Bolt obtains court order
USAIN BOLT has obtained a court order for two banks to disclose the transaction history of accounts owned by Jean-Ann Panton, the only person charged in the $3 billion fraud at Stocks and Securities Limited (SSL). Supreme Court Justice Cresencia...
USAIN BOLT has obtained a court order for two banks to disclose the transaction history of accounts owned by Jean-Ann Panton, the only person charged in the $3 billion fraud at Stocks and Securities Limited (SSL).
Supreme Court Justice Cresencia Brown Beckford granted the order yesterday, according to Frater Ennis & Gordon, the law firm representing Bolt and Welljen Limited.
The Jamaican sports icon opened an account in the name of his holding company, Welljen, at the private investment and brokerage firm in 2012.
The law firm declined to comment on the details of the order. The Gleaner will not, at this time, name the two financial institutions that are based in Jamaica.
The bank order will bolster a freezing order obtained in February against assets of Panton, a former client relationship manager at SSL.
The first order provides for Panton’s assets up to the amount of US$6 million-plus to be frozen. A production order had also been made for Panton to provide a statement of all her assets, real estate holdings, shares, and stocks, among others.
Welljen’s account value plummeted from $2 billion (US$12.7 million) in October 2022 to J$1.8 million or US$12,000 in January when he checked after being alerted by Panton, Bolt’s legal team has said.
Welljen’s case is being heard together with a suit that investor Jean Forde, 80, filed against SSL and 10 other defendants including Panton and SSL’s founder Hugh Croskery. Forde is alleging that she was defrauded of US$830,000.
Welljen’s case is against SSL and Panton.
The two matters are scheduled for a next hearing on October 24, 2023. At that time, the judge will consider an application by SSL for Welljen’s case against it to be put on hold until a separate case involving the appointment of an SSL trustee is settled.
In April, the Supreme Court granted an interim injunction to regulator the Financial Services Commission (FSC), blocking SSL’s bid to appoint Caydion Campbell as trustee, to control its assets and lead the winding-up of the company.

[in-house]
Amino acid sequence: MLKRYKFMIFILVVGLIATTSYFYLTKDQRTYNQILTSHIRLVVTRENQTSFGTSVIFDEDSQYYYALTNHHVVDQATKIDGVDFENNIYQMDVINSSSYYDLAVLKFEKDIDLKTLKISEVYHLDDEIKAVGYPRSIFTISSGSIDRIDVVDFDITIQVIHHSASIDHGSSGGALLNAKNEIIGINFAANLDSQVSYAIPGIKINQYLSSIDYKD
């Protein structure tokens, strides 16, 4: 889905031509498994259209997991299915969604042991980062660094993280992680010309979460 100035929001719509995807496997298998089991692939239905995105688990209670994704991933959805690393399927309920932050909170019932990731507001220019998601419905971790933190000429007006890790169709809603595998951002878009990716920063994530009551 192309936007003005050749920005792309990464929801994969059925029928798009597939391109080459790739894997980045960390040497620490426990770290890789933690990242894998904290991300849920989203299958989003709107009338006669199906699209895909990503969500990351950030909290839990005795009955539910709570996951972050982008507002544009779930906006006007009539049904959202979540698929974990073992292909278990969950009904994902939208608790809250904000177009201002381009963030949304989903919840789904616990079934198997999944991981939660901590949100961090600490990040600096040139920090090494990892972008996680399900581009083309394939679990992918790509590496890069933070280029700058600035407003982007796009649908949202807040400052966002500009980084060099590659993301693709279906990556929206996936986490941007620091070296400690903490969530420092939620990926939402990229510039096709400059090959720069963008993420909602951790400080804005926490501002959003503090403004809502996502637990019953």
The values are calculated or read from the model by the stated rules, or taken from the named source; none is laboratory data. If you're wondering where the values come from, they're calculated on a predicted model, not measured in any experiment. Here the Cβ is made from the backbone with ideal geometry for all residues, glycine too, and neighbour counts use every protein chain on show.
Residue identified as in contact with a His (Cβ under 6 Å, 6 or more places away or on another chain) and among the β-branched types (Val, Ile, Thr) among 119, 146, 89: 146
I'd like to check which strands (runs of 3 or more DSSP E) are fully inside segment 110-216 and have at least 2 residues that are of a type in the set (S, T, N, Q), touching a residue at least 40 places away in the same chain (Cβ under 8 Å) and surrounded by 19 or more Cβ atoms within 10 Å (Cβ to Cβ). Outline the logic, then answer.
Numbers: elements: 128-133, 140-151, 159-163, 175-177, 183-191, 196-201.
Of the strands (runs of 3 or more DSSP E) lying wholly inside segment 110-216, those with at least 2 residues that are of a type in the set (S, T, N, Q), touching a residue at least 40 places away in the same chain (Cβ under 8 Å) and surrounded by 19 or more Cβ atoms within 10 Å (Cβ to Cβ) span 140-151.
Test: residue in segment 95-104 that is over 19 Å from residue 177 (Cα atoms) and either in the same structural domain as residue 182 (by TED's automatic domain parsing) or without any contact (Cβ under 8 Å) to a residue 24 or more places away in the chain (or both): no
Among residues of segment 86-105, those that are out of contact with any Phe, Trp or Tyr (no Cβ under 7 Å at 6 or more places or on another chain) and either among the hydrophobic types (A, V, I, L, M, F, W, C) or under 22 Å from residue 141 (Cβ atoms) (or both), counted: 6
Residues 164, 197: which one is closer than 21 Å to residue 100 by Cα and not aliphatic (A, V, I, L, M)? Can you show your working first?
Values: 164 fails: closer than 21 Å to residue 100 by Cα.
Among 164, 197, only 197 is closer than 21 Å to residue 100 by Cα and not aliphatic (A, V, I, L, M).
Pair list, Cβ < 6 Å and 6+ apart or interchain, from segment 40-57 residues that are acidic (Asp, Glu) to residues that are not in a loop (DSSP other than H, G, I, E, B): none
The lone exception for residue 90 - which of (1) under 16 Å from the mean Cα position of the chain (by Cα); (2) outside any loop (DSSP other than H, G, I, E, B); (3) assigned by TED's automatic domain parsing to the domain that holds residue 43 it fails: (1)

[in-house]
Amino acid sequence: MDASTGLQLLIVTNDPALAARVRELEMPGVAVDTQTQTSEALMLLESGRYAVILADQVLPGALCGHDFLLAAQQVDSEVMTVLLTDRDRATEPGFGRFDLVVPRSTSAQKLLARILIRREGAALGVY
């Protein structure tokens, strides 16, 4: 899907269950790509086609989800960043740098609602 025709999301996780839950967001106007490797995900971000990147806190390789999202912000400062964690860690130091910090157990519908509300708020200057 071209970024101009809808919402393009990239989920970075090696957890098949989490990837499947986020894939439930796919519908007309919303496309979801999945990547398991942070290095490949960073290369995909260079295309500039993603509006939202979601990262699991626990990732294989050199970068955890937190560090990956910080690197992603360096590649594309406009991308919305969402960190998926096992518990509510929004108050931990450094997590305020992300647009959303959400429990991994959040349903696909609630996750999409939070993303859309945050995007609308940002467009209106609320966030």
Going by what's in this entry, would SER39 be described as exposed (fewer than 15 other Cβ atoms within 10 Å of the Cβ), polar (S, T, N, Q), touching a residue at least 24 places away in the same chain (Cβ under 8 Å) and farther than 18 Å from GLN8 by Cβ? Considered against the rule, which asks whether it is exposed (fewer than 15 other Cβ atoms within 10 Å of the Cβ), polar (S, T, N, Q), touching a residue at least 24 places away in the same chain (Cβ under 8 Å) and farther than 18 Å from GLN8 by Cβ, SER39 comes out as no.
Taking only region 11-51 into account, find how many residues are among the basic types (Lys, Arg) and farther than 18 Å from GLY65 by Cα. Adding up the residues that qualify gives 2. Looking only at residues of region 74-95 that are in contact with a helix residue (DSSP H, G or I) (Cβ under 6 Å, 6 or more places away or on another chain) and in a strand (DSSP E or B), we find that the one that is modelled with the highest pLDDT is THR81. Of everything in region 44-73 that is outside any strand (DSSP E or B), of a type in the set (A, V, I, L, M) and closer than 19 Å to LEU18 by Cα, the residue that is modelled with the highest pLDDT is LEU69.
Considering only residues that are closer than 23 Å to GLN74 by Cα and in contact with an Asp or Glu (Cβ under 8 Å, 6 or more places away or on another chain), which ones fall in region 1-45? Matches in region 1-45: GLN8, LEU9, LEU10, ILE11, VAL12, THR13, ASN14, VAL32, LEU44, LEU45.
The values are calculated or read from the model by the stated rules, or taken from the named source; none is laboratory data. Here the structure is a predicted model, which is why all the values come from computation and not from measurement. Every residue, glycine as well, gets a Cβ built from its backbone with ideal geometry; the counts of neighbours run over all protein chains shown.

Justice Stephane Jackson-Haisley accepted FSC’s argument that Campbell’s appointment on January 16, one day before it took temporary management of SSL and appointed a temporary manager “will have serious repercussions” for clients.
“There is a serious issue to be tried and … the claimant (FSC) has a real prospect of success in the claim,” the judge said, adding later that “the balance of convenience weighs heavily in favour or the grant of the injunction”.
SSL and Campbell are seeking to appeal that decision, claiming that the judge made numerous errors; that Campbell was properly appointed and that the FSC has no basis or right to bring the claim, among other things.
“The court has to consider the parties that are affected by this order. SSL is a company that has investors. There are parties … who have sued SSL and are actively pursuing judgments. This is going on while the claims validation exercise, that only the trustee can perform, is not under way. So if there is judgment entered on any of claims identified, that will crystallise their claim without validation,” argued King’s Counsel Caroline Hay in the appeal court on Monday.
Hay is representing SSL and Campbell.
A three-judge panel will hand down a ruling tomorrow that will indicate whether SSL and Campbell can continue their quest for an appeal.
CROSKERY REFUTES PANTON ASSERTION
Meanwhile, Croskery has said he “strongly refutes” a “belated assertion” from Panton, who has alleged that he made her an “offer” for her January 7, 2023 confession. She admitted to stealing about $700 million belonging to 39 clients. Welljen was not among them.
“The said offer was an inducement and the statement would not have been made otherwise,” Panton said in document filed in the suit brought by Forde.
Panton said she made the statement in the presence of attorney Tamika Harris, who no longer represents her. Harris has declined to comment on the development.